near what was known as the “Brown House,” at Spottsylvania
, I saw this fine-looking lot of soldiers go by. Their uniforms and equipments all seemed new. Among the regiments was the First Maine Heavy Artillery.
“What regiment is this?”
was inquired at the head of the column by bystanders.
“First Maine,” was the reply.
After the columns had marched by a while, some one would again ask what regiment it was, only to find it still the First Maine.
It numbered over two thousand strong, and, never having lost any men in battles and hard campaigning, its ranks were full.
The strength of these regiments struck the Army of the Potomac with surprise.
A single regiment larger than one of their own brigades!
These men had started from Washington
with knapsacks that were immense in their proportions, and had clung to them manfully the first day or two out, but this morning in question, which was of the sultriest kind, was taxing them beyond endurance, as they plunged along in the mire marching up to the front; and their course could have been followed by the well stuffed knapsacks — or “bureaus,” as some of the old vets called them — that sprinkled the roadside.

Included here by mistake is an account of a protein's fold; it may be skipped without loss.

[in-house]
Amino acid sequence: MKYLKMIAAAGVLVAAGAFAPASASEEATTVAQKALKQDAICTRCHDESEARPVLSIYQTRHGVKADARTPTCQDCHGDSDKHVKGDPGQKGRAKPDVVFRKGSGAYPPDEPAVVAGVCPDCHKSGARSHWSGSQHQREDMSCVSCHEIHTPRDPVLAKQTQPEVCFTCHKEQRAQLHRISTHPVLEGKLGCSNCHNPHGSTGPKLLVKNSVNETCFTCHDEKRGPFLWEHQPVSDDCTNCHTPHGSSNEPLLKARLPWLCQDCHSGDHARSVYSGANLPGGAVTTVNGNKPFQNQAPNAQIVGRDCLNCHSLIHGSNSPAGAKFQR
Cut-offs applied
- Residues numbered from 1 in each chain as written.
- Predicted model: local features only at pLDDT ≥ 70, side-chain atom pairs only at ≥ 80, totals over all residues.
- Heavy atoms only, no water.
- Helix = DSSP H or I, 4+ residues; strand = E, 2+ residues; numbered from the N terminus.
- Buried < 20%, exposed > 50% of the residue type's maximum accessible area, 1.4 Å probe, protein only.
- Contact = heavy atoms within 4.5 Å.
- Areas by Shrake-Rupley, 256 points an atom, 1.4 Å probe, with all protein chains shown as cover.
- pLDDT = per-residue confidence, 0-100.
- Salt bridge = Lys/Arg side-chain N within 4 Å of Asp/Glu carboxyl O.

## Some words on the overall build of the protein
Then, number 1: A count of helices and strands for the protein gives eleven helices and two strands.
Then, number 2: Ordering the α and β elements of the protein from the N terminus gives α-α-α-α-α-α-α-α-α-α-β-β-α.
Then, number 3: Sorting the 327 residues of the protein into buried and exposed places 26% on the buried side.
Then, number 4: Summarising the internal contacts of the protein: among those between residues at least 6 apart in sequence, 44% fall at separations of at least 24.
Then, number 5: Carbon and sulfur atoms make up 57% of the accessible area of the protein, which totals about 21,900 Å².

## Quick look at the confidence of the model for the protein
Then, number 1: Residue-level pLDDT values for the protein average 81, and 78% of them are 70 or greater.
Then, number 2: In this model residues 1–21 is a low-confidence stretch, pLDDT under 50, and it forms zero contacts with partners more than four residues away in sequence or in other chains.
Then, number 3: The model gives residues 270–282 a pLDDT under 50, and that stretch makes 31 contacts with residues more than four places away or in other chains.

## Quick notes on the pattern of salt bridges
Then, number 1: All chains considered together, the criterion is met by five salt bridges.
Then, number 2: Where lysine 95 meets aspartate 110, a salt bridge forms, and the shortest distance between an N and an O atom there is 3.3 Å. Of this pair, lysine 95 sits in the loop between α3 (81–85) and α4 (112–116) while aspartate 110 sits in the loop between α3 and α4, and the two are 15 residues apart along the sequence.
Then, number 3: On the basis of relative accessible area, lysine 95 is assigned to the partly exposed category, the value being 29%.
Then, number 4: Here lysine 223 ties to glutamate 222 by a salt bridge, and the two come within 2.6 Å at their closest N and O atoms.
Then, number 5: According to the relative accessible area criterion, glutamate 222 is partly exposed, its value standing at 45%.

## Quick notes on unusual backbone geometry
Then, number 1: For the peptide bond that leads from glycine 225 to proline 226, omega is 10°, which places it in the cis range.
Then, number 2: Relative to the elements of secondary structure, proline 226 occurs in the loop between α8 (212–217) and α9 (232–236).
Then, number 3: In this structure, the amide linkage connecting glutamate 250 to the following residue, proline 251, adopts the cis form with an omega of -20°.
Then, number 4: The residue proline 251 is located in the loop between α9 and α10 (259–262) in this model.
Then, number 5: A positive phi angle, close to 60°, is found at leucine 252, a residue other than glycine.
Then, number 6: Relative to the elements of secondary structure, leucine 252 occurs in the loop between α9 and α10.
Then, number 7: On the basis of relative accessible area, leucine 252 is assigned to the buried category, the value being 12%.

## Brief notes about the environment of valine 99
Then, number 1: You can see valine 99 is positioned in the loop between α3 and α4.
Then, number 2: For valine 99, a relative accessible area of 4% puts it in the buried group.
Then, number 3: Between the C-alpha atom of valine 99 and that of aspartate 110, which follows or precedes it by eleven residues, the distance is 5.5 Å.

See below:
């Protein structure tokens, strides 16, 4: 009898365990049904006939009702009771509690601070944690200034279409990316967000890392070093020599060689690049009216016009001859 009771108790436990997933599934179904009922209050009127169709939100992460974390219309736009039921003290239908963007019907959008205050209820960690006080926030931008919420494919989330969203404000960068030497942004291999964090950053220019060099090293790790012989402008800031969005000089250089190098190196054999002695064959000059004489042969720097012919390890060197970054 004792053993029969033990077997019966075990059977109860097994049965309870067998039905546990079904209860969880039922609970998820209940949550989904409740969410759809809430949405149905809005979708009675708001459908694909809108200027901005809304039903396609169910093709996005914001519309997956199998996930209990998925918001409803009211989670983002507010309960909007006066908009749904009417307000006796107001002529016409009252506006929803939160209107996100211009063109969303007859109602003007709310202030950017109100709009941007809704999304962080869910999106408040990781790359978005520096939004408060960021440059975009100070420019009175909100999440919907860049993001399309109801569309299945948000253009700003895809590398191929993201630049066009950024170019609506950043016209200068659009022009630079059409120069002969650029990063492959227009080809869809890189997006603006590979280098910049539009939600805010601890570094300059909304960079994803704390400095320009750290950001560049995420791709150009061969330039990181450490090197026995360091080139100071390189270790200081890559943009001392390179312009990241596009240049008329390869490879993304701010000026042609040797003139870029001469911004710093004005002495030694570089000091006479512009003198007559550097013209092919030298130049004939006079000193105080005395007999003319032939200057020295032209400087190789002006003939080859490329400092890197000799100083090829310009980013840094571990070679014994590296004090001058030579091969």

It seemed rather sad to see a man step out of the ranks, unsling his knapsack, seat himself for a moment to overhaul its contents, transfer to his pocket some little keepsake, then, rising, and casting one despairing look at it, hurry on after the column.
Many would not even open their knapsacks, but, giving them a toss, would leave them to fate, and sternly resume their march.
It was the second in the list of sacrifices that active campaigning required of them.
Their first was made in cutting loose from their comfortable quarters and accumulated conveniences in the forts, which they had so recently left.
The knapsack, haversack, canteen, and shelter-tent, like the arms, were government property, for which the commanding